Keyword cannibalization has become a big topic in the SEO industry in recent years. In this article, we explain what keyword cannibalization is, possible causes, and how you can fix the issue to ensure great visibility in the Google SERPs for more traffic.
Keyword cannibalization occurs when multiple pages of a website ranks for the same keyword, making it difficult for Google to decide which URL is most relevant. Keyword cannibalization can easily occur on growing websites when multiple sub- or landing pages are created quickly.
Keyword cannibalization describes the phenomenon when multiple pages of a website rank for the same keyword, meaning that you "cannibalize" your own URLs. User signals such as CTR, links, and conversions are therefore divided between two or more pages.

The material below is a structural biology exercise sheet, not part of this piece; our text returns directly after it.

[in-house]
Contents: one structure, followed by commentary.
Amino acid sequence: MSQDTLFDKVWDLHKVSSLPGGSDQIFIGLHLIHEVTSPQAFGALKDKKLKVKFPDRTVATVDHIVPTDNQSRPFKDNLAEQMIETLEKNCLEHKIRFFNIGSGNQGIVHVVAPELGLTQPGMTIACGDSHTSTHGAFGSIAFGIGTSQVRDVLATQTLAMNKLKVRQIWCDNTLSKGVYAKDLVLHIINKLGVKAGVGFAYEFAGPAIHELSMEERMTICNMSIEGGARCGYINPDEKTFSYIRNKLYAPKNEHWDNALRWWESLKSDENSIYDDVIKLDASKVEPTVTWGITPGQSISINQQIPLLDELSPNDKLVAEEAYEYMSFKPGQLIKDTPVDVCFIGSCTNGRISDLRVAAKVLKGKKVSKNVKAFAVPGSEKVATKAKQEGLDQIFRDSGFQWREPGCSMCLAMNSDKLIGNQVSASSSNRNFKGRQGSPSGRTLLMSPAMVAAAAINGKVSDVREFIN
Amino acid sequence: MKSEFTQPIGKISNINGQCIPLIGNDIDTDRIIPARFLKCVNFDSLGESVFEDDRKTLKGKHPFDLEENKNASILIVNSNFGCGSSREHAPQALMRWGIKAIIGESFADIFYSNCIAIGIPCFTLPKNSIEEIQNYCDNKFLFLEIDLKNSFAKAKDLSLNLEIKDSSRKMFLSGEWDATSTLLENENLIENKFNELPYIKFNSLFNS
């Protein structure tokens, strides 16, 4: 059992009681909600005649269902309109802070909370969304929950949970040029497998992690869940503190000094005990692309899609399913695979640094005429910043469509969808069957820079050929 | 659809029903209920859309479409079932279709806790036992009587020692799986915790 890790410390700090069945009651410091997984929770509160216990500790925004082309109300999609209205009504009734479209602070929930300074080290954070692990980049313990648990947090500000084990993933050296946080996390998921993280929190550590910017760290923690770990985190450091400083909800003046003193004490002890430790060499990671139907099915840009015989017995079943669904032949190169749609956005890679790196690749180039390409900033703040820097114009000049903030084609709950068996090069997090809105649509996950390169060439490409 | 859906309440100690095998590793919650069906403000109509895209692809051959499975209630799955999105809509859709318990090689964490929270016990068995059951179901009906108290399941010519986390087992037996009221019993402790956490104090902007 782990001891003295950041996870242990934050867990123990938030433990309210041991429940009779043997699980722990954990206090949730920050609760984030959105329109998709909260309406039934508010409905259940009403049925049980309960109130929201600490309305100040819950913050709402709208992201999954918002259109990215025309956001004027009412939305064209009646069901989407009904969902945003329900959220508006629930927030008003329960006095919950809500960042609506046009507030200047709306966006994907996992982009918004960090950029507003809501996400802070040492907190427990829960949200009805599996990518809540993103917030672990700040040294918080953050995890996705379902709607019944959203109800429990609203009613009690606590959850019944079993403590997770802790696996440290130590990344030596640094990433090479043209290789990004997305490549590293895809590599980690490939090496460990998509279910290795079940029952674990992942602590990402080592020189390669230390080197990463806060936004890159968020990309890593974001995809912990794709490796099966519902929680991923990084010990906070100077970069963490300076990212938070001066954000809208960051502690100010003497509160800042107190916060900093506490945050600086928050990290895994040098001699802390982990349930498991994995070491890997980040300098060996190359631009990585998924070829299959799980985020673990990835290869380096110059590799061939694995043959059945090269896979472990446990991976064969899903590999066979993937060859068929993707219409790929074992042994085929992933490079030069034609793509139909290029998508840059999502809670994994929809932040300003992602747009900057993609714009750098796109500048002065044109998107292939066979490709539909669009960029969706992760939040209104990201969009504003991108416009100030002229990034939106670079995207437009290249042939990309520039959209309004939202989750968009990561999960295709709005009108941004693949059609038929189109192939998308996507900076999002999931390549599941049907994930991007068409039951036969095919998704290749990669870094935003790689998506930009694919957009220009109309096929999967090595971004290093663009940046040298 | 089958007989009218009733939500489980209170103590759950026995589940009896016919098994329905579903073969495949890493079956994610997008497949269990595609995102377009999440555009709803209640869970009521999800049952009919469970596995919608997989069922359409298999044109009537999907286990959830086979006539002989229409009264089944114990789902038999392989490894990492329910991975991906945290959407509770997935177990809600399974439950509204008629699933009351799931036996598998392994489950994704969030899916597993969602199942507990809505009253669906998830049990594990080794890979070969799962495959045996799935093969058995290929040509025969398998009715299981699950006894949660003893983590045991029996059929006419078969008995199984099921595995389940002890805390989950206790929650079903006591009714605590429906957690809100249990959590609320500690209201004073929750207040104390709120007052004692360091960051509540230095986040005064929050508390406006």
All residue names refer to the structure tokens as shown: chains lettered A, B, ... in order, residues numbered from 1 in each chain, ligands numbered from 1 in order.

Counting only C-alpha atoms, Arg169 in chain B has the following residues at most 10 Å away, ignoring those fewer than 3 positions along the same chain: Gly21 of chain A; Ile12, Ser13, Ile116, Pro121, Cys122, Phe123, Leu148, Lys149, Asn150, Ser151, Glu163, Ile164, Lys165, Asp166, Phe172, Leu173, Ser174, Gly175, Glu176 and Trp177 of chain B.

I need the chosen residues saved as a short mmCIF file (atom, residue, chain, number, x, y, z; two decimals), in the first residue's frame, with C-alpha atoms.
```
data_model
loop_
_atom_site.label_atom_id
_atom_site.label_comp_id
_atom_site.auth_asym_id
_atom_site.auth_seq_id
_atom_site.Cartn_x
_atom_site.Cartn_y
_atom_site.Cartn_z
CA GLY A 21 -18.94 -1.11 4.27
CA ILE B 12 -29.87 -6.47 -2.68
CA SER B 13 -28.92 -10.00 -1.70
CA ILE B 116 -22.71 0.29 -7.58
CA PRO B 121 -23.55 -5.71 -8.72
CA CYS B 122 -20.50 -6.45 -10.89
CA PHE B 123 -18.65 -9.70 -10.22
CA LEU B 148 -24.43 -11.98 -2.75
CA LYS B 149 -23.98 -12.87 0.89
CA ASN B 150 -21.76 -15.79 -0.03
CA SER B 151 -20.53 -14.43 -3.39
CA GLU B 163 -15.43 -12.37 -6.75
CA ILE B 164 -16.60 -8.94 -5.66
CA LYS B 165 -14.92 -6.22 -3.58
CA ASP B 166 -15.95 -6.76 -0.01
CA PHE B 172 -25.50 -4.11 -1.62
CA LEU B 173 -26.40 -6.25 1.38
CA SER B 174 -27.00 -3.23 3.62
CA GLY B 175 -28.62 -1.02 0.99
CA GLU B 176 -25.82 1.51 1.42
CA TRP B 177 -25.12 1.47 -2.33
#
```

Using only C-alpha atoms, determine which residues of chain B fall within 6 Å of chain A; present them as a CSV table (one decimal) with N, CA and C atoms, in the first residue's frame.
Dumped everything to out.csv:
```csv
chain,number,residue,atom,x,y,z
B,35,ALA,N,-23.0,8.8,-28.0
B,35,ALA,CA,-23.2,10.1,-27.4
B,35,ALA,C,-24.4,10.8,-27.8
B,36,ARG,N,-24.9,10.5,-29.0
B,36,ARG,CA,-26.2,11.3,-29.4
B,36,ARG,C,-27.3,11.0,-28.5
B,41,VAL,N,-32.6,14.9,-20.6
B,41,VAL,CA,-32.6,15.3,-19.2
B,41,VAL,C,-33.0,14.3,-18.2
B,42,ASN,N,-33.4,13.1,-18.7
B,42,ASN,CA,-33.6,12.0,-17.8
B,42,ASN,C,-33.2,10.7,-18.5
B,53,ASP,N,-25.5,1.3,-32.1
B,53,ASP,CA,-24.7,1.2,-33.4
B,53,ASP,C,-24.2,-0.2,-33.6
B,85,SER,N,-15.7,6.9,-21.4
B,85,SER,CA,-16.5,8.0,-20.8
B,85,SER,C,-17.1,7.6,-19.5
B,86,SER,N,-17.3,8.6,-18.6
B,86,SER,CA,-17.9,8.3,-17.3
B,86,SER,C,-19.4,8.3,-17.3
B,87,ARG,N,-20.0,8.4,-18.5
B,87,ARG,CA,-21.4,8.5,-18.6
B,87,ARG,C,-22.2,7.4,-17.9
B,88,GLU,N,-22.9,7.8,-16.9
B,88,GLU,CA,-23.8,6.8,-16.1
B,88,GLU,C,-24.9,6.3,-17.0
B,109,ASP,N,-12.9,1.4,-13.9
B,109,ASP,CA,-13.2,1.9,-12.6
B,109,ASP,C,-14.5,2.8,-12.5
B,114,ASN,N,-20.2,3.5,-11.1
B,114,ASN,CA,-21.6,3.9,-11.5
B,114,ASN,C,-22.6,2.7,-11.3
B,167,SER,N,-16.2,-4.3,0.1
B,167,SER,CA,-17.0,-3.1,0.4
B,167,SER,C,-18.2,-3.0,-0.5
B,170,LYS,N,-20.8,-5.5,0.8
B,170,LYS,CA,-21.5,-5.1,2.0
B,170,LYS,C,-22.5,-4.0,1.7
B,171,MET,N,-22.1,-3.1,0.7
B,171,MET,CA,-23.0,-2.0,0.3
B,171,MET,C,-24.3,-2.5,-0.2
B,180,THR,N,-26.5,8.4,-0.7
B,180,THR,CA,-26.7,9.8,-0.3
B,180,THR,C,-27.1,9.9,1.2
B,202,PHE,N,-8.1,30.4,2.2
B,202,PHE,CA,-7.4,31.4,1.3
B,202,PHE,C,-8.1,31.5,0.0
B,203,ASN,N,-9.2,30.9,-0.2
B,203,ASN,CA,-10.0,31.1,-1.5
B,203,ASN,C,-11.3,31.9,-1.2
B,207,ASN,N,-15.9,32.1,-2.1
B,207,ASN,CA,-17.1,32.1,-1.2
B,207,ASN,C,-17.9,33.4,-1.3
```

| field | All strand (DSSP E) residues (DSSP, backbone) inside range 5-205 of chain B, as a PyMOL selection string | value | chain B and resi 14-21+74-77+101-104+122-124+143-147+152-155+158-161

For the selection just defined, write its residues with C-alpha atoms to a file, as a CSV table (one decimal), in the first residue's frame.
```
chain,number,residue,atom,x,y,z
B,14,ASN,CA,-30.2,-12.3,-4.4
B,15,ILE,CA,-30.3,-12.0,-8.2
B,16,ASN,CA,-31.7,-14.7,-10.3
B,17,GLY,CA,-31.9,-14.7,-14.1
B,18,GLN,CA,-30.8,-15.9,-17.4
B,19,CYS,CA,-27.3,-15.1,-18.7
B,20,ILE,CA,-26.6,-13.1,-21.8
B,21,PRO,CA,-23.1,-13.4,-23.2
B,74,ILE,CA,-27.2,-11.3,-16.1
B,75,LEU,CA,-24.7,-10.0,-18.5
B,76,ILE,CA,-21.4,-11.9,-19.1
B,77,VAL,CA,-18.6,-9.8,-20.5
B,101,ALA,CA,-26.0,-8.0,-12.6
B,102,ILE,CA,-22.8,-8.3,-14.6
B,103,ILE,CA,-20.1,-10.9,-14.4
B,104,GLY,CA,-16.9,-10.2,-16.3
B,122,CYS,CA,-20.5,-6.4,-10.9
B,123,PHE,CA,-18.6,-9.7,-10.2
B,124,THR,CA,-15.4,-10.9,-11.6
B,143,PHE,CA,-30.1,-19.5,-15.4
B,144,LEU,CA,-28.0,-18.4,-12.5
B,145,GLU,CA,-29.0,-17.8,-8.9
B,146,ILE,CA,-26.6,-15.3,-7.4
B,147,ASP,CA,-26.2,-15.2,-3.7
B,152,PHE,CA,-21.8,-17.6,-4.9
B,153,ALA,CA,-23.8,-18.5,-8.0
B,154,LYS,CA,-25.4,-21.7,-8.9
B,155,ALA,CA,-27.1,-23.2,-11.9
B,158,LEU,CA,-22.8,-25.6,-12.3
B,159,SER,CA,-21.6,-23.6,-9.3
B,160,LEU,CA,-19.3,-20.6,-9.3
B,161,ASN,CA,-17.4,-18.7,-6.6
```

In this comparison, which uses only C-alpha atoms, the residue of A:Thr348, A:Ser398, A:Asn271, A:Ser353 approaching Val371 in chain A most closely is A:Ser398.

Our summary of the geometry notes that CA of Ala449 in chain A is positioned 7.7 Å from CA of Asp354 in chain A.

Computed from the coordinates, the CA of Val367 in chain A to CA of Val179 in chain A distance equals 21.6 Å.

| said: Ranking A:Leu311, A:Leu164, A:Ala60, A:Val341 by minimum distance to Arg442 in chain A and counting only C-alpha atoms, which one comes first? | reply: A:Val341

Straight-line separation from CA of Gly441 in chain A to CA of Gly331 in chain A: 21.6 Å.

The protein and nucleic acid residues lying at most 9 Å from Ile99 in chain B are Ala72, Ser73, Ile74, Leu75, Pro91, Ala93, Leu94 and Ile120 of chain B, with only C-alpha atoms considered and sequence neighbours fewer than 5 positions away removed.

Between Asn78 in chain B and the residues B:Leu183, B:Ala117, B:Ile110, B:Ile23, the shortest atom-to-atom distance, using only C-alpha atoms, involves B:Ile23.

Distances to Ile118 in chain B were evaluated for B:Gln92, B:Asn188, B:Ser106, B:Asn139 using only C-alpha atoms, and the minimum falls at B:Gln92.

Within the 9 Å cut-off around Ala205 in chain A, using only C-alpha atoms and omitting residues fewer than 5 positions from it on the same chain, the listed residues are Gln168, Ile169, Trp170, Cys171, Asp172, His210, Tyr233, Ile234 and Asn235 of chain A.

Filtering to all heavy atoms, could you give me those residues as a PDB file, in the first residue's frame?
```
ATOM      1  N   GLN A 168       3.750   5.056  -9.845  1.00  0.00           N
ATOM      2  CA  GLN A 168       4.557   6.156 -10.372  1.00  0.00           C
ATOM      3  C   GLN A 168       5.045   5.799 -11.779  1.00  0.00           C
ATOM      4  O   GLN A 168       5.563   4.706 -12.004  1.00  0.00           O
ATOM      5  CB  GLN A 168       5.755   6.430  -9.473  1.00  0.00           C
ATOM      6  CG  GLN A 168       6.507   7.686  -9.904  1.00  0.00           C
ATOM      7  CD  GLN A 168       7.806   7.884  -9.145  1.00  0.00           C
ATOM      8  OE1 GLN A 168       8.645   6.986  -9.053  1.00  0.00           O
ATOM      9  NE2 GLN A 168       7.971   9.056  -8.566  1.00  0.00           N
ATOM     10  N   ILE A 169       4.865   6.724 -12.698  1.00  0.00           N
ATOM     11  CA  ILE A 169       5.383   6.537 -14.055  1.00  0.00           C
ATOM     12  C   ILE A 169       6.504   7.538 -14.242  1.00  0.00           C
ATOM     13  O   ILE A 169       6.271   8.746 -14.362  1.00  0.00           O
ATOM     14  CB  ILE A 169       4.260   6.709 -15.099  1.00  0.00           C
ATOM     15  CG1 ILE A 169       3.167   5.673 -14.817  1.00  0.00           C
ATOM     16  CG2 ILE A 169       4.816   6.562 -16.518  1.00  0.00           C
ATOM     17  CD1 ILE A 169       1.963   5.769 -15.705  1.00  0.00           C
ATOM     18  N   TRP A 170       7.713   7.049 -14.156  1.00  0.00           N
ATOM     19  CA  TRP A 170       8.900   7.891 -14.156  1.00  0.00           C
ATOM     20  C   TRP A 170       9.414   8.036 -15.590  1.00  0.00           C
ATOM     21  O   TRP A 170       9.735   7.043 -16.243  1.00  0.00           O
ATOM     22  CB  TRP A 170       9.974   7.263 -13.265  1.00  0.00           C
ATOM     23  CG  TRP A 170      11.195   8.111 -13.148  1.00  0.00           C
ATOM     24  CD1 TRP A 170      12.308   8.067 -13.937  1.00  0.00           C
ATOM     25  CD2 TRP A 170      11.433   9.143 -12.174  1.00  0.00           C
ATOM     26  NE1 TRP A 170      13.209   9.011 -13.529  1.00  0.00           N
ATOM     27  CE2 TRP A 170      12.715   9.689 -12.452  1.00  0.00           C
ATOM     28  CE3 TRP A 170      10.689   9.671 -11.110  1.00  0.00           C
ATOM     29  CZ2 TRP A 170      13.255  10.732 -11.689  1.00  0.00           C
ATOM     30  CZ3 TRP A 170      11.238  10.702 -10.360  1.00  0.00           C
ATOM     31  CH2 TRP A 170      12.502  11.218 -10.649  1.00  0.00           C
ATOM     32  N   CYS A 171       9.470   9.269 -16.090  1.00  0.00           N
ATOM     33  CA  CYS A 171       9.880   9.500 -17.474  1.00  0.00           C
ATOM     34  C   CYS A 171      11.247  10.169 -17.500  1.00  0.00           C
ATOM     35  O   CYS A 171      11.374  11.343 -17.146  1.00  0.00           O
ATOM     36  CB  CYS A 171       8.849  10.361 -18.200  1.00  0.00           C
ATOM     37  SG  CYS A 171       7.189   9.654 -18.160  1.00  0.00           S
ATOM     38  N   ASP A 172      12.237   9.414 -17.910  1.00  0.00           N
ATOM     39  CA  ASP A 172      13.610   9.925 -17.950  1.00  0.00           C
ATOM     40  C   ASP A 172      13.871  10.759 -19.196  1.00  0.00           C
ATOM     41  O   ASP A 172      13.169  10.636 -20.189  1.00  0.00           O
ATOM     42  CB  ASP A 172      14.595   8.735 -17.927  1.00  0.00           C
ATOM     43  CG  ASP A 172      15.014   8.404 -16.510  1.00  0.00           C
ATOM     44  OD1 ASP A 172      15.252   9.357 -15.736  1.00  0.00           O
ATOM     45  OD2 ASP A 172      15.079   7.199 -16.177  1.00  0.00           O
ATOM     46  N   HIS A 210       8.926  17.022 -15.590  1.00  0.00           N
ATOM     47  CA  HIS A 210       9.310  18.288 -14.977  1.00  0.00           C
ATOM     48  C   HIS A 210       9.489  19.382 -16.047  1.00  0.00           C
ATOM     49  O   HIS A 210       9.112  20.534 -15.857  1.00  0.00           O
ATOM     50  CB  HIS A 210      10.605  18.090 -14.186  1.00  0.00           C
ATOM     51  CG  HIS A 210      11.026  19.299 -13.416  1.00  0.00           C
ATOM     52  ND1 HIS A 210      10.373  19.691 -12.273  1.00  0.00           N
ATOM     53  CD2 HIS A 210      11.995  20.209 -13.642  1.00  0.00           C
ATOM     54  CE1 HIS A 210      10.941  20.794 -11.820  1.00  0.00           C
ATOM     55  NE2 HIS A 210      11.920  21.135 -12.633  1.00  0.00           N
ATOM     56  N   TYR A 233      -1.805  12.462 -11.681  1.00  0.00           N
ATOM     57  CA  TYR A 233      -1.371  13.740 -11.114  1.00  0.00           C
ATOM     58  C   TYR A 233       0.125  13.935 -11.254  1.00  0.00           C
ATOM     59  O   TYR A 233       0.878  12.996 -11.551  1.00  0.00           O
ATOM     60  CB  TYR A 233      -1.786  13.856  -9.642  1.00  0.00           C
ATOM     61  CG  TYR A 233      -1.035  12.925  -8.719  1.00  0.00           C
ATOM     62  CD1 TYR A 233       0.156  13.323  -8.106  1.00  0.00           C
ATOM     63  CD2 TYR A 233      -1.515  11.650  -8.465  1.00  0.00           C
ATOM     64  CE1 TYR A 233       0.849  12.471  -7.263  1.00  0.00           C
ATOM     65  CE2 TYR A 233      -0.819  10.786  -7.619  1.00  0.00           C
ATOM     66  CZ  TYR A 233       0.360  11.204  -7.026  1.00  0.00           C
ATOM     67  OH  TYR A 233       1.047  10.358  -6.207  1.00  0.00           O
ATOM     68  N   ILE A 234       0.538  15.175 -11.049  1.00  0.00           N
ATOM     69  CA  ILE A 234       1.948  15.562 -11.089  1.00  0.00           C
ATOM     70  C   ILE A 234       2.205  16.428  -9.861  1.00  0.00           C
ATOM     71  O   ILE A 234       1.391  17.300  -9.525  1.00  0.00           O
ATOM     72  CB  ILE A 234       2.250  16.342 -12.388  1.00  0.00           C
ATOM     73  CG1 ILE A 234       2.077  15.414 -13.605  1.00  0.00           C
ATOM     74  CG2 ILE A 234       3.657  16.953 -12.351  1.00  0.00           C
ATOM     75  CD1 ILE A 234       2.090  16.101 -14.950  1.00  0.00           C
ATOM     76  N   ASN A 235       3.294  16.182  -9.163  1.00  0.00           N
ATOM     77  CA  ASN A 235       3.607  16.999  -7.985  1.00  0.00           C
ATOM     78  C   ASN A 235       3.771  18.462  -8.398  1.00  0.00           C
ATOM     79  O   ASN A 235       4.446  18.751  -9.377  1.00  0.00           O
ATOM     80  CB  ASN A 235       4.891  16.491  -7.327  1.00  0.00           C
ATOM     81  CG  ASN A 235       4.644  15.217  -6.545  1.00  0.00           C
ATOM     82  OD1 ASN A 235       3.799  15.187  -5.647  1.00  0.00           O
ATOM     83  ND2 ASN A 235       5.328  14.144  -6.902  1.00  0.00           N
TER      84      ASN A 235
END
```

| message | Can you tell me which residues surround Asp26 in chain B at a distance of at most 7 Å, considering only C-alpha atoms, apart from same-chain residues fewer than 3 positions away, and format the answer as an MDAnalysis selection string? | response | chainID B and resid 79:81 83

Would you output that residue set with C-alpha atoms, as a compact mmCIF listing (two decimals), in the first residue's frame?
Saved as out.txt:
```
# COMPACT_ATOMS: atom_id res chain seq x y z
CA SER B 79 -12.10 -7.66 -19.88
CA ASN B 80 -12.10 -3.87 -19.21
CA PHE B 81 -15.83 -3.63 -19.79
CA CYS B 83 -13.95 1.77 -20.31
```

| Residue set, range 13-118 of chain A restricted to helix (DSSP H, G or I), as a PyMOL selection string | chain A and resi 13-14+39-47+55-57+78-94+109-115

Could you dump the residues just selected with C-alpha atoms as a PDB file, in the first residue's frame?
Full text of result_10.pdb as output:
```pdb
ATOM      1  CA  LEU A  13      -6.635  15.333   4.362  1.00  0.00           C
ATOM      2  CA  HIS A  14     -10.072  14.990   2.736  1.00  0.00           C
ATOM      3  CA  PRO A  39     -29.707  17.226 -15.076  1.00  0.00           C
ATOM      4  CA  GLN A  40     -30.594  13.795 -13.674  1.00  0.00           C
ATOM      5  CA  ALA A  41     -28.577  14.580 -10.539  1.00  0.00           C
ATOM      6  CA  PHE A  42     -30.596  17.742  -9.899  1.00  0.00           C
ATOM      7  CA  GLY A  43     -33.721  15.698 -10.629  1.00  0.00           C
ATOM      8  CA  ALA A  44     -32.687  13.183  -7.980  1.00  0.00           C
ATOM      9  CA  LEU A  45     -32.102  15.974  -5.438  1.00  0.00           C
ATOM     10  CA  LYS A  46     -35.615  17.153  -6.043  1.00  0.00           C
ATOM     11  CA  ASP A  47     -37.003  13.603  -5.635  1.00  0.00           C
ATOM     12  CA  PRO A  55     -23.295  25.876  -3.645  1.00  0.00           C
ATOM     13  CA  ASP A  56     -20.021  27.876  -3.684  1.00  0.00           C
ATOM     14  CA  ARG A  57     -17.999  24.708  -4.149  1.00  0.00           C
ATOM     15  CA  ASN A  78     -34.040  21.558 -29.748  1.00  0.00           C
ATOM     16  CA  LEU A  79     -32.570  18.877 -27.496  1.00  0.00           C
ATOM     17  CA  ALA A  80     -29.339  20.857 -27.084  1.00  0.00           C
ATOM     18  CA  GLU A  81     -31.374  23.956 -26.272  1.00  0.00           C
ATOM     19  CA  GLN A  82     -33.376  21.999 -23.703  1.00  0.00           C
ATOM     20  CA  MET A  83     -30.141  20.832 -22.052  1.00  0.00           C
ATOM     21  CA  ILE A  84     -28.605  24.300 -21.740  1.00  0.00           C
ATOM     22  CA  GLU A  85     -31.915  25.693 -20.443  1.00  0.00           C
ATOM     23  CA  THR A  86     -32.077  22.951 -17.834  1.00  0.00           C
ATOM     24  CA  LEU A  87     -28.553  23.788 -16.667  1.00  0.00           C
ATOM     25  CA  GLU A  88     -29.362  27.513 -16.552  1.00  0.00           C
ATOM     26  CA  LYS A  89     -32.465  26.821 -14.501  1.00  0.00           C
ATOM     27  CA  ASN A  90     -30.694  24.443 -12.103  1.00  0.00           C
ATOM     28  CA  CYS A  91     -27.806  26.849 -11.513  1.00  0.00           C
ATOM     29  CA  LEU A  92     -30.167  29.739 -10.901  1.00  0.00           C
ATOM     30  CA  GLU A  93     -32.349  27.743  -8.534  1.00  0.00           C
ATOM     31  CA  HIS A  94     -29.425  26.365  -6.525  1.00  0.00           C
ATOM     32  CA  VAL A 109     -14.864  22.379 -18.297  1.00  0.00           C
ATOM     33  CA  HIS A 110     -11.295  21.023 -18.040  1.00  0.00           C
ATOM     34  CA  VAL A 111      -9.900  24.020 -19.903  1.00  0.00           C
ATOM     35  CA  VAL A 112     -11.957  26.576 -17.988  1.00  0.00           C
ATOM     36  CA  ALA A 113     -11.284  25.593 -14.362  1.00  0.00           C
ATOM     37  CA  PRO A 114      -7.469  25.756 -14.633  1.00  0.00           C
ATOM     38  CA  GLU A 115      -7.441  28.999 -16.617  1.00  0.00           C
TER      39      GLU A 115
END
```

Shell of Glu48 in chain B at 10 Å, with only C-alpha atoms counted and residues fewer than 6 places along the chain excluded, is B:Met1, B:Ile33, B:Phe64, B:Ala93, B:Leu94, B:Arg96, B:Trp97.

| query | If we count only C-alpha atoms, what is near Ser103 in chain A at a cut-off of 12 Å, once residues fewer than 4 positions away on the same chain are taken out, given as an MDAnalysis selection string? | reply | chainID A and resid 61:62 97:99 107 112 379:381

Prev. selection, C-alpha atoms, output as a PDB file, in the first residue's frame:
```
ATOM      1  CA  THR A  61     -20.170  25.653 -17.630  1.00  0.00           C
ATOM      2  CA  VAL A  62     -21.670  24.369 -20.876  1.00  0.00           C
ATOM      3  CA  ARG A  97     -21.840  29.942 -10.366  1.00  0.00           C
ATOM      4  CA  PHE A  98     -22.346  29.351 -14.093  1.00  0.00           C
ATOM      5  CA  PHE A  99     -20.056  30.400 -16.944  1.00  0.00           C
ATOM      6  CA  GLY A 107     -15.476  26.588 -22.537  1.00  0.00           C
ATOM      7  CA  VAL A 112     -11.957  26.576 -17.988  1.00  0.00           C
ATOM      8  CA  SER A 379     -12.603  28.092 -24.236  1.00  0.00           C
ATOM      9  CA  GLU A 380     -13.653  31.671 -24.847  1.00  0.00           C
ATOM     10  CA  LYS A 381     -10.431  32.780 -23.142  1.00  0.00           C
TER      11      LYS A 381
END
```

If you have keyword cannibalization on your website, you are not showing Google the full extent of your knowledge for a topic or search query. Google has to weigh up your URLs and work out which one fits the respective query best. This means that a less relevant page might rank highly, and users could end up looking at a page that does not contain the information you want them to see.
The consequences of keyword cannibalization include reduced website traffic, lower conversion rates, fluctuating SERP rankings, and ultimately lost revenue. It affects your SEO as well as your website visitors - multiple pages ranking for the same term does not create a good user experience.
Keyword cannibalization has many possible causes, all of which can be easily avoided.